St Edmund Hall Research Expos
St Edmund Hall’s Research Expos take place once every two years, and the next one will be held in 2019. The second Research Expo took place on the afternoon of Saturday 25 February 2017. Once again, the College showcased the wide diversity of research being undertaken by its students and academics – from undergraduates to Fellows – via sessions of short ‘Teddy Talks’ (all aimed at a non-specialist audience, many of these are now available to watch online) and three rooms of interactive displays and exhibits.
The Expo is open to all members of the College community: members of all three common rooms, staff and alumni (plus their families / guests).
The 2017 Research Expo followed a similar model to that of the inaugural 2015 event, with interactive themed rooms (the Lab, the Salon and the Studio) and a series of short and accessible Teddy Talks, but also included a Pitch Your Research challenge and a round-table debate.
Watch Videos of the Talks
Each talk, given by one of our academics or postgraduate students on an aspect of their research, lasts around ten minutes and is aimed at a non-specialist audience.
Lights, Camera, Immuno-action! Research on cancer immunotherapy and its implications for the clinic
Prof. Paul Johnson
Pancreatic Islet Transplantation for Type 1 Diabetes – Bench to Bedside
Prof. Henrike Lähnemann
Banned Books: Hus and Luther in the Teddy Hall Library
Dr Alex Lloyd
‘Boom, ratatata, hui-hui-sss-ttt, woouum’ – Children’s Views of World War II
Prof. Philipp Podsiadlowski
Advanced LIGO: the New Era of Gravitational Wave Astronomy
Visitors were invited to throw on their lab coats and take a look around the Lab (the Doctorow Hall), where there were a wide range of demonstrations, displays and experiments from a variety of scientific and medical fields.
- Virology: cuddly viruses and vaccination game
- Neuroscience: brain plasticity in action, and learning about healthy and diseased brains
- Genetics: extracting DNA from fruit and understanding how genes spread in a population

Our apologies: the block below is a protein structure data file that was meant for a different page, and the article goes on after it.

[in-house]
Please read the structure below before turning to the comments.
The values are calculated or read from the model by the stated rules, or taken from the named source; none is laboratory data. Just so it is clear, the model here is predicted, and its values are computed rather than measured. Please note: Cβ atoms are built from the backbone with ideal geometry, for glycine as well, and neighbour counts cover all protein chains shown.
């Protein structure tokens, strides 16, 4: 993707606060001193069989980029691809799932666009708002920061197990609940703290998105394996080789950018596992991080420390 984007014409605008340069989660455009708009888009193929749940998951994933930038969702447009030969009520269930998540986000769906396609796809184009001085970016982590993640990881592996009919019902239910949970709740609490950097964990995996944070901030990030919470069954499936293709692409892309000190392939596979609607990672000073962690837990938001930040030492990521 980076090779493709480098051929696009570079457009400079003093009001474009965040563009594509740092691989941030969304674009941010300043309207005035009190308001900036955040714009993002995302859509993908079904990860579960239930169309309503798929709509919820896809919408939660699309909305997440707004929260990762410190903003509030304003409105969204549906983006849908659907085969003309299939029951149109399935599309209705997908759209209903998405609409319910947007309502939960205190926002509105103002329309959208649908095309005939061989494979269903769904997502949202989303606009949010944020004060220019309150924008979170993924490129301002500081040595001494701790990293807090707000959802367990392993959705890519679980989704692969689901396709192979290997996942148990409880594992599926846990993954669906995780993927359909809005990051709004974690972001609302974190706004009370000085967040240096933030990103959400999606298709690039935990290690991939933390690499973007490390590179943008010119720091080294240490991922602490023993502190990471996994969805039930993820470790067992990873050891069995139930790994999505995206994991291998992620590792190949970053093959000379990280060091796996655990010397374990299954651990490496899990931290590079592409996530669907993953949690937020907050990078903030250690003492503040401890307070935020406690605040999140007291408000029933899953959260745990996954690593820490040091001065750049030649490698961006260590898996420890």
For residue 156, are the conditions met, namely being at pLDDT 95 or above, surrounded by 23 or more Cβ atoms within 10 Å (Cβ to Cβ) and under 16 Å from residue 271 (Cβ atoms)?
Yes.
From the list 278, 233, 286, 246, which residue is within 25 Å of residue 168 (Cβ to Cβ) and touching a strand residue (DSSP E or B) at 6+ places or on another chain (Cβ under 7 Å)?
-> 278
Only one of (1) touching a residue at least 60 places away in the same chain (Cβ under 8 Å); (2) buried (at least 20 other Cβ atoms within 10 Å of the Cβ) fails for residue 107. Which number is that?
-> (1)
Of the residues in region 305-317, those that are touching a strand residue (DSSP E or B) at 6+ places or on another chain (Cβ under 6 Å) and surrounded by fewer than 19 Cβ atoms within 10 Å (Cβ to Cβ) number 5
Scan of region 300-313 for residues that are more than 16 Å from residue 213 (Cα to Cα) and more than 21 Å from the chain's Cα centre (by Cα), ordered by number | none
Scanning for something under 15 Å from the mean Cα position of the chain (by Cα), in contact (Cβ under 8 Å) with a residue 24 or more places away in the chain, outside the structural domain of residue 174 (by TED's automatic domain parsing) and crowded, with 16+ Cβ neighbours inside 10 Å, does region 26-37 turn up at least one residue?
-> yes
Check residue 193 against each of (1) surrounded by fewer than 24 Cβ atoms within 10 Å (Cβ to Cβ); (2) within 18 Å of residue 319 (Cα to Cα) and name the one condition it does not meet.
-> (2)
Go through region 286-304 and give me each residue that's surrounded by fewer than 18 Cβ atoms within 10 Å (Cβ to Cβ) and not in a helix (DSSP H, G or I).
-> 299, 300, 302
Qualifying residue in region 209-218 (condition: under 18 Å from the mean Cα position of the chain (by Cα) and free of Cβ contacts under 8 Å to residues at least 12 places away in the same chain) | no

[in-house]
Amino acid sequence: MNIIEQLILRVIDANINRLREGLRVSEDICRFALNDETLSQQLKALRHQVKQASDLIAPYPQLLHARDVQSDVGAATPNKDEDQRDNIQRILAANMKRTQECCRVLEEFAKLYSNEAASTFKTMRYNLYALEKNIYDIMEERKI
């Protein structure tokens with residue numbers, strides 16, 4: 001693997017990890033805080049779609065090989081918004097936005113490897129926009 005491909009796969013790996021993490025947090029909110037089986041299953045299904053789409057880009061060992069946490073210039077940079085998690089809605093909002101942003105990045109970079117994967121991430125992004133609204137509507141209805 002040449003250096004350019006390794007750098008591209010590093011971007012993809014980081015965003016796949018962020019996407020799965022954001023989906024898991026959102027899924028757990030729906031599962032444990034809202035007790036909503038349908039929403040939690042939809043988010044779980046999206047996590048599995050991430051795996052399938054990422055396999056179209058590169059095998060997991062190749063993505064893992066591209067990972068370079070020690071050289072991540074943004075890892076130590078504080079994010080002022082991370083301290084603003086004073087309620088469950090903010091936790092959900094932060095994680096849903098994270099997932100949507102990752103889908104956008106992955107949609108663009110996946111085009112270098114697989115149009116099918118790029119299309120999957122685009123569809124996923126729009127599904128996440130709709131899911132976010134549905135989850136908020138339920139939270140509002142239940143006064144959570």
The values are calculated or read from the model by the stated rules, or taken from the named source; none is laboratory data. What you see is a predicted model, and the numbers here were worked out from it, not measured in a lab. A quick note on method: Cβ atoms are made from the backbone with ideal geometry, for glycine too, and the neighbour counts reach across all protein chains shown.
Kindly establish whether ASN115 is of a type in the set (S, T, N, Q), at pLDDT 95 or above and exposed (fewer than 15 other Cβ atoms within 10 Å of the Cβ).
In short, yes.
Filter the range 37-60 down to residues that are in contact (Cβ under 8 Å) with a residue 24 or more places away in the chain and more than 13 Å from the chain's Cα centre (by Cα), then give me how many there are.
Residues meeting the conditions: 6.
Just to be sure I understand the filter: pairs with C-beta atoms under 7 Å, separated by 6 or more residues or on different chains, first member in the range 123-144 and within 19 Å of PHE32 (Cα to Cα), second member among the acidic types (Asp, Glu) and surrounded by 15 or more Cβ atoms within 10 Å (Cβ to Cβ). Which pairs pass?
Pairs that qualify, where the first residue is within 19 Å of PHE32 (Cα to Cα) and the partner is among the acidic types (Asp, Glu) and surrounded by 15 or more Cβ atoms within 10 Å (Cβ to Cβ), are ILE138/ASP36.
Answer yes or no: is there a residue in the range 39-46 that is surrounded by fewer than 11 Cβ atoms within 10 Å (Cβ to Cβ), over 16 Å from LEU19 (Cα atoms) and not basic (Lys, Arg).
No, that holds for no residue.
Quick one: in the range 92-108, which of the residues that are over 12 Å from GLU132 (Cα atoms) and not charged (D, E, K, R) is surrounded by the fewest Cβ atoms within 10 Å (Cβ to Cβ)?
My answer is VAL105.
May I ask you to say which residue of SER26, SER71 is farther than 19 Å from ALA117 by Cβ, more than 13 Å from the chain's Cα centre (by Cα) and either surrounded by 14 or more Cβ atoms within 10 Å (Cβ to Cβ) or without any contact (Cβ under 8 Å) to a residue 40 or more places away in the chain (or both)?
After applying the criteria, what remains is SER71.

- Mathematics: fun with head-scratching maths puzzle games
- Parasitology: pathogens under the microscopes
- Immunology: finding out more about blood groups
- Oncology: understanding cancer immunotherapy treatment
- Materials Science: a visual demonstration
- Synthetic Biology: play with nanoparticles.
The Salon, in the Old Dining Hall, presented a range of interactive activities and displays relating to the Arts and Humanities and Social Sciences. Highlights included:
Printing the Reformation – 1517 saw the first big media event of modern times: the start of the Reformation by the publication of Luther’s 95 theses. To coincide with the quincentenary of this, some of the College’s medievalists offered the chance to experiment with some early printing techniques in a hands-on demonstration from some of the Hall’s medievalists.
Drawing Words, Writing Pictures – a grand tour of literature and visual culture, presented by our Modern Linguists. How do writers use art and images in their works? What happens when texts are adapted into visual art forms? How do text and image combine to create meaning? Included photomontage, picture poems, Margaret Atwood’s Angel Catbird, and Clavdia Chauchat’s décolletage.
A selection of books from the Aularian collection.
Student life at Teddy Hall c. 1850-1950: a look at a selection of material and photographs from the College Archive, covering such topics as holes in the roof, engagements and dining rights, with Rob Petre (St Edmund Hall Archivist) on hand to act as guide.